Docker in JUnit tests

October 23, 2017

testcontainers

Unit testing in Java is made simple by libraries such as JUnit and e.g. Mockito, but there’s not the same panacea for integration testing. Alongside your mocked out unit tests, integration tests are important to ensure the correct function of your software when accessing external services. Previously, we have taken different approaches to the problem, such as:

  • Embedding the service
  • Running the service
  • Running a Docker container for the service

Embedding the service can be hard (especially if it is not Java). Running them directly, or remotely, adds significant work to configure, maintain and make available for all developers and your continuous integration service. Running a Docker container for the service was our preferred method but setting them up locally and as part of the CI build seems out of sorts with the fundamental approach to testing. This has been a common and frustrating pain point for us.

Test Containers

We have recently switched to using TestContainers to solve this problem. TestContainers is an MIT licensed open source project for running a Docker container for a JUnit test.

Benefits

This has a number of benefits over our previous approaches. First, we are running the tests against a real instance of the service, not some mocked or embedded version, which may behave differently. As the containers run just for the test they are isolated from other test and become much more reproducible. The setup and configuration are done in the test class, where they belong. It also allows you to easily repeat the test against different versions of the service allowing you to correctly determine a compatibility and check new versions of services do not require changes to your own code.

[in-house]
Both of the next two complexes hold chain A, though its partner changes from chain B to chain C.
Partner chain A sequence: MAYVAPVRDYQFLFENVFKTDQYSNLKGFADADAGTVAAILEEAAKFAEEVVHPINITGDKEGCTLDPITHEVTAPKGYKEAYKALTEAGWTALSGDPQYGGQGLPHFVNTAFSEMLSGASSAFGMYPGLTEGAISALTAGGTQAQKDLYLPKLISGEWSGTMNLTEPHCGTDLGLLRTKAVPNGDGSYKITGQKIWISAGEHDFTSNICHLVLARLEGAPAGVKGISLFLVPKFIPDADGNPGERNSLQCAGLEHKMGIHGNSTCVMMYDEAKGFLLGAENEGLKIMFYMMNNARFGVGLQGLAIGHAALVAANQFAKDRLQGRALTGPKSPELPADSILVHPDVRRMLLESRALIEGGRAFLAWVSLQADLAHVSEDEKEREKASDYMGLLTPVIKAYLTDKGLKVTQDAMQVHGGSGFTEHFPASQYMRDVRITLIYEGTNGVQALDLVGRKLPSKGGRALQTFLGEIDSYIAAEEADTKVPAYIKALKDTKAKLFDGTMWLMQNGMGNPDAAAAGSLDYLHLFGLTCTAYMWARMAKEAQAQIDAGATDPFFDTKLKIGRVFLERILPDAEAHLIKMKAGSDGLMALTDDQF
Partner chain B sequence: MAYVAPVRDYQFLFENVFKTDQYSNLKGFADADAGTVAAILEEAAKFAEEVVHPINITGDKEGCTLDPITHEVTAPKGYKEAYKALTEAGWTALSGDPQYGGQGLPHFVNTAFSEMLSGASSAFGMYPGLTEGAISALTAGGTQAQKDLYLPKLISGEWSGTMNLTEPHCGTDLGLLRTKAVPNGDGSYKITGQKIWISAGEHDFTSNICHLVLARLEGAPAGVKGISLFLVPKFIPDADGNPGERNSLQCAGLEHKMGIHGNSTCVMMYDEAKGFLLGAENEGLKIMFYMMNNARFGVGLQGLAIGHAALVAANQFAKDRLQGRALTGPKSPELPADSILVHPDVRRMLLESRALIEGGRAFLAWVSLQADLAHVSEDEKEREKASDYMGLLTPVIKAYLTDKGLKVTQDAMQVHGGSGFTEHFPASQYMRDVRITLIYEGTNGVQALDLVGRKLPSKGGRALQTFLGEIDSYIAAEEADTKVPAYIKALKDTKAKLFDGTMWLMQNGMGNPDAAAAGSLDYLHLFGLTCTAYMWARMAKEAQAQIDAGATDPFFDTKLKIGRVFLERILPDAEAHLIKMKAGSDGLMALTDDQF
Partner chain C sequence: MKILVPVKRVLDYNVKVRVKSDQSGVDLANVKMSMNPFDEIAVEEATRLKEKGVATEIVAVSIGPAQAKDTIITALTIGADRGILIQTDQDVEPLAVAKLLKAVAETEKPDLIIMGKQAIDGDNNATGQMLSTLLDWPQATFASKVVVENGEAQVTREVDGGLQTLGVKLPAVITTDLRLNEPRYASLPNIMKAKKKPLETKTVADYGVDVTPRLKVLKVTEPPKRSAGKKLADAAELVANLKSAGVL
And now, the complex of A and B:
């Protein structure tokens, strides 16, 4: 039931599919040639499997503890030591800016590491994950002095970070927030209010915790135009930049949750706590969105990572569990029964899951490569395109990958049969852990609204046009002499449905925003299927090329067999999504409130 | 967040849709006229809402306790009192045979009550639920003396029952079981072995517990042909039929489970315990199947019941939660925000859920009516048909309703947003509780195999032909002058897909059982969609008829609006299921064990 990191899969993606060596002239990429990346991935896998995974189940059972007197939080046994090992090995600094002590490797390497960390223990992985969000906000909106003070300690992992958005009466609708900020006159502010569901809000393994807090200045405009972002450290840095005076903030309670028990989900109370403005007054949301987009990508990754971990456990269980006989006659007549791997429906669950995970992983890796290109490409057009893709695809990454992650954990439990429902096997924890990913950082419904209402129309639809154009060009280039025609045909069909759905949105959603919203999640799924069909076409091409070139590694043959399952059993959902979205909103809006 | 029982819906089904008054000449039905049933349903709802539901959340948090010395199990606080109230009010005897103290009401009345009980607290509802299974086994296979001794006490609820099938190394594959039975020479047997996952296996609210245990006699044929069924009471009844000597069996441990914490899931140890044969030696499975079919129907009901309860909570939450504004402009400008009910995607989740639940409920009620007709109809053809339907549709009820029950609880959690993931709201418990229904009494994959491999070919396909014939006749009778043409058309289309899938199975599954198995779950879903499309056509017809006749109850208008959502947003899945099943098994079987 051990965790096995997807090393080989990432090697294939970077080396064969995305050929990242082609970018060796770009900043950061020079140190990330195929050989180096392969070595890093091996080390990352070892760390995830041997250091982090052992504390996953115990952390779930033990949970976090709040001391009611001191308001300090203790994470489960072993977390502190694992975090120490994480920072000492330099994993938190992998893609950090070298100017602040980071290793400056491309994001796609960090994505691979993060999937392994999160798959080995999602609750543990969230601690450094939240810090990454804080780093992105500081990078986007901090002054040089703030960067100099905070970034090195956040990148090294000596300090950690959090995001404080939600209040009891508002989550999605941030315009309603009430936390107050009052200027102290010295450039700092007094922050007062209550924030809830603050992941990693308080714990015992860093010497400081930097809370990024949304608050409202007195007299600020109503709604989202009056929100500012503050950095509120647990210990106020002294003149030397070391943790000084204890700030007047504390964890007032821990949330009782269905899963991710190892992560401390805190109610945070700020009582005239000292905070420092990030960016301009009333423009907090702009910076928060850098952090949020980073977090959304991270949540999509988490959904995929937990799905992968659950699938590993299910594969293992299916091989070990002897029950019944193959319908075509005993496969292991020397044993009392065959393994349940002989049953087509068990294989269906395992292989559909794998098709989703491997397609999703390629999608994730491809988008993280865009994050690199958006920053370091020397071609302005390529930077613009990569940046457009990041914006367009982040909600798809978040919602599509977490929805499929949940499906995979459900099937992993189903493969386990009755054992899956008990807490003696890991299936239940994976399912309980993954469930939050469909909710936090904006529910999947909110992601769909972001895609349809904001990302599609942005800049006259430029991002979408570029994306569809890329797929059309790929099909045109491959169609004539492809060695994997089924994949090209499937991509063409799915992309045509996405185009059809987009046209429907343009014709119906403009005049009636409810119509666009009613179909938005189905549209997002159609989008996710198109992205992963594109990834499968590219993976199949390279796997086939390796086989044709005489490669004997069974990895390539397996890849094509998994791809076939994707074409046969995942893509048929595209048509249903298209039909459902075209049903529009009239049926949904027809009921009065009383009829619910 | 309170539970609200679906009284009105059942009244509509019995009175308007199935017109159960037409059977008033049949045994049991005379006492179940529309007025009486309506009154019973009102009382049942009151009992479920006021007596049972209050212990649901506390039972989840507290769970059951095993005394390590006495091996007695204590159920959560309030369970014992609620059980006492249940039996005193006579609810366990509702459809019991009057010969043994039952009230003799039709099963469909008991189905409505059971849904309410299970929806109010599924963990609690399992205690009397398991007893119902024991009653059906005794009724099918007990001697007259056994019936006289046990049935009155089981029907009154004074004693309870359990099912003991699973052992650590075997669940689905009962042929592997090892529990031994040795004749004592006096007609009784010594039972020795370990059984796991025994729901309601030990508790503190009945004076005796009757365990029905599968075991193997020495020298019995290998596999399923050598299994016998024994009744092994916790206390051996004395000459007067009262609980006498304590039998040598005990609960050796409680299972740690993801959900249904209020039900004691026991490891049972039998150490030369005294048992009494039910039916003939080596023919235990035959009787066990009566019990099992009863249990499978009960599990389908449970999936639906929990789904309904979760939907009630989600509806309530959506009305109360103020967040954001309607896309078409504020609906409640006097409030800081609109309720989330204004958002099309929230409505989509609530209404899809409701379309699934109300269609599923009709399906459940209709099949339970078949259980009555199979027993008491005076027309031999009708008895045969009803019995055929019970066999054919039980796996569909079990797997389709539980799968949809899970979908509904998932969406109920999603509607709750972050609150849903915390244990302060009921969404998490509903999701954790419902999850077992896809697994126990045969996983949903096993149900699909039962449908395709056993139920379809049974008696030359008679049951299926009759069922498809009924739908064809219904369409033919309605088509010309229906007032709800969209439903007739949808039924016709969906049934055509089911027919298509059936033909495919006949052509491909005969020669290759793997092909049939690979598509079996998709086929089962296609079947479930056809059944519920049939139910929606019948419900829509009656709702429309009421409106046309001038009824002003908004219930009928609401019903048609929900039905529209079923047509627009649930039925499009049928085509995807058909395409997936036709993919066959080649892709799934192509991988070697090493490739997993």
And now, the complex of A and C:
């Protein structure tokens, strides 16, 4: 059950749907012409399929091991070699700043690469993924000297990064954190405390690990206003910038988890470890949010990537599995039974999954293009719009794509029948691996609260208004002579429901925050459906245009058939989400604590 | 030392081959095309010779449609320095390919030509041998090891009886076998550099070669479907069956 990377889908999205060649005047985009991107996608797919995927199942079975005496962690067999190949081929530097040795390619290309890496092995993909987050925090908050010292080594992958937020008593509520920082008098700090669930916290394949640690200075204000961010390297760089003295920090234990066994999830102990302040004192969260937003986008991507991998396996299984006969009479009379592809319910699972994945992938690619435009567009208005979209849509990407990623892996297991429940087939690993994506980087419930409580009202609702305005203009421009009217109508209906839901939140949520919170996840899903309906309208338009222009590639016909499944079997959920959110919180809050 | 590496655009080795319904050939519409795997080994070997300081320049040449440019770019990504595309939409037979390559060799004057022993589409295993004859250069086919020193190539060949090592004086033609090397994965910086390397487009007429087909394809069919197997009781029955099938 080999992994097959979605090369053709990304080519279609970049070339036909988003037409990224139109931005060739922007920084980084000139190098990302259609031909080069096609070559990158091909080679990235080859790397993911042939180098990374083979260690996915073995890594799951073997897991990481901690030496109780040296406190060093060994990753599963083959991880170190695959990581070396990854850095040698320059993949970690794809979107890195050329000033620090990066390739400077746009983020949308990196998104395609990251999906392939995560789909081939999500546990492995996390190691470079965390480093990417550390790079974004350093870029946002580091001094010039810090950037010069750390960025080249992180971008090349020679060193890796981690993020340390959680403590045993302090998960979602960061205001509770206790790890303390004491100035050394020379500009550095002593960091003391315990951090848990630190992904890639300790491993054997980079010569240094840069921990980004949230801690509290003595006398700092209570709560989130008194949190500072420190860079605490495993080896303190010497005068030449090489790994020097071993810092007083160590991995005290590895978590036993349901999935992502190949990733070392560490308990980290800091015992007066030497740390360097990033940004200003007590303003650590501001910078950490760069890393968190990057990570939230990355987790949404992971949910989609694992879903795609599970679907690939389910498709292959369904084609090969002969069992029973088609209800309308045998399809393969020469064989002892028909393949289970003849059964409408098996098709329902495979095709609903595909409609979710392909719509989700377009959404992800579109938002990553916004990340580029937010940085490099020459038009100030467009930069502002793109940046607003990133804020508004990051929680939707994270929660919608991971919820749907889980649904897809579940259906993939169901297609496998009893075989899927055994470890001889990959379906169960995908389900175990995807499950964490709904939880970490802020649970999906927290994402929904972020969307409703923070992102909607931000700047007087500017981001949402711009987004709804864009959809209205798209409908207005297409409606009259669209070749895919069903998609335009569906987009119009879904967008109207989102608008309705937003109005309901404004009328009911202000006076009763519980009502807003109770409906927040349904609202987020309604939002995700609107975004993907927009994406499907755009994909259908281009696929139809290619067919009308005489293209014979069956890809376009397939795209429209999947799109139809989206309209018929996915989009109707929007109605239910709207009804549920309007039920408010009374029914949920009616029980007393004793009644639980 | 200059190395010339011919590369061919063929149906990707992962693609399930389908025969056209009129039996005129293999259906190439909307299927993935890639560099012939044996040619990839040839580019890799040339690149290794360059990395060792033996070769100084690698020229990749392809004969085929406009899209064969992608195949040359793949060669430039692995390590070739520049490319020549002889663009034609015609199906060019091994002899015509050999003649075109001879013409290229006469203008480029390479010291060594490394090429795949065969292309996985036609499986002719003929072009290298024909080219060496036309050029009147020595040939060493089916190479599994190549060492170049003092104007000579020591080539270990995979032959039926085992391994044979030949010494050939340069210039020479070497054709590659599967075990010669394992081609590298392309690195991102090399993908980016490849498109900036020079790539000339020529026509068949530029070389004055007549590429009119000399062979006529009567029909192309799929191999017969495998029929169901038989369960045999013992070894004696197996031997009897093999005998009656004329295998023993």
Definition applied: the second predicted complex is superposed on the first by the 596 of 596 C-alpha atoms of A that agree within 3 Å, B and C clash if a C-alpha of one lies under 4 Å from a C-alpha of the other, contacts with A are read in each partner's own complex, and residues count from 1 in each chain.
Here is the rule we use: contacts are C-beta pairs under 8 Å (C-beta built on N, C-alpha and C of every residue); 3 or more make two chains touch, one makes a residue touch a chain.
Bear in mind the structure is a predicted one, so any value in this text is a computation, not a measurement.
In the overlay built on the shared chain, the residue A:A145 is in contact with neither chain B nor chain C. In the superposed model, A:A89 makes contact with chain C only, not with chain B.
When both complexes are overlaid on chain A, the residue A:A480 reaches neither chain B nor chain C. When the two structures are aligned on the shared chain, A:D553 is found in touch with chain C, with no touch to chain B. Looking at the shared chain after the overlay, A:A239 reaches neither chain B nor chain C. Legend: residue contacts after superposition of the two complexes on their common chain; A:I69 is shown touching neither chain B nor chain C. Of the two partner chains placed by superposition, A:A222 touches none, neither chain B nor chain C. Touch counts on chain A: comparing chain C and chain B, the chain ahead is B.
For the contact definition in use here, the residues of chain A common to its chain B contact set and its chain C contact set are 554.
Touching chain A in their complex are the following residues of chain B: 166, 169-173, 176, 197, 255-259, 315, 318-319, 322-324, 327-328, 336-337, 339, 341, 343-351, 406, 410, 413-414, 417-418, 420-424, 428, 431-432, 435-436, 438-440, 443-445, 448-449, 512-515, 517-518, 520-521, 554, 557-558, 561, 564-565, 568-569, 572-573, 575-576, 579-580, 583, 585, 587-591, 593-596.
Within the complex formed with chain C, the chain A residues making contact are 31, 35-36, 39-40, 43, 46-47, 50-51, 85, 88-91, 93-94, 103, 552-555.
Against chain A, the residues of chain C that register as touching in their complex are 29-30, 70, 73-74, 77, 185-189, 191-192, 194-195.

Use cases

This technique for integration testing can easily be applied to multiple use cases, some of which have more specialised support:

Example

The following example shows how to set up an integration test for Redis.

import org.junit.Rule;
import org.junit.Test;
import org.testcontainers.containers.GenericContainer;

import redis.clients.jedis.Jedis;

public class RedisIntegrationTest {

  private static final String DOCKER_IMAGE = "redis:3.2.9";

  private final Jedis jedis;

  @Rule // 1
  public static GenericContainer redis = new GenericContainer(DOCKER_IMAGE).withExposedPorts(6379); // 2, 3

    @Before
    public void setUp() throws Exception {
        Jedis jedis = new Jedis(redis.getContainerIpAddress(), redis.getMappedPort(6379)); // 4
    }

  @Test
  public void yourTest() {
    //Your test code here
  }

}
  1. @Rule Runs a new container for every test, you can change to @ClassRule for a single container for the test class.
  2. It also supports the use of Dockerfiles or Docker Compose files for non-standard, of not published containers by using DockerComposeContainer.
  3. Other standard docker config like .withVolume(), withEnv(), withCommand() are available.
  4. Obtain the configuration you need from the GenericContainer object.

Disadvantages

None! O.K. maybe there are some disadvantages, but we think they are well worth it:

  • You need docker available to run the tests. (i.e. on your local device and on the CI server) but who doesn’t?
  • You need to make docker available (which may require exposing the docker socket)
  • You have to download the image but this is only needed once.
  • Windows support is only in Alpha.

Credit: Image by Richard North, TestContainers Project.

Work with us

Have a project or an idea? We'd love to talk with you and see if we can help.

GET IN TOUCH
.

3 Strand Court

Bath Road

Cheltenham

Gloucestershire

GL53 7LW

© Committed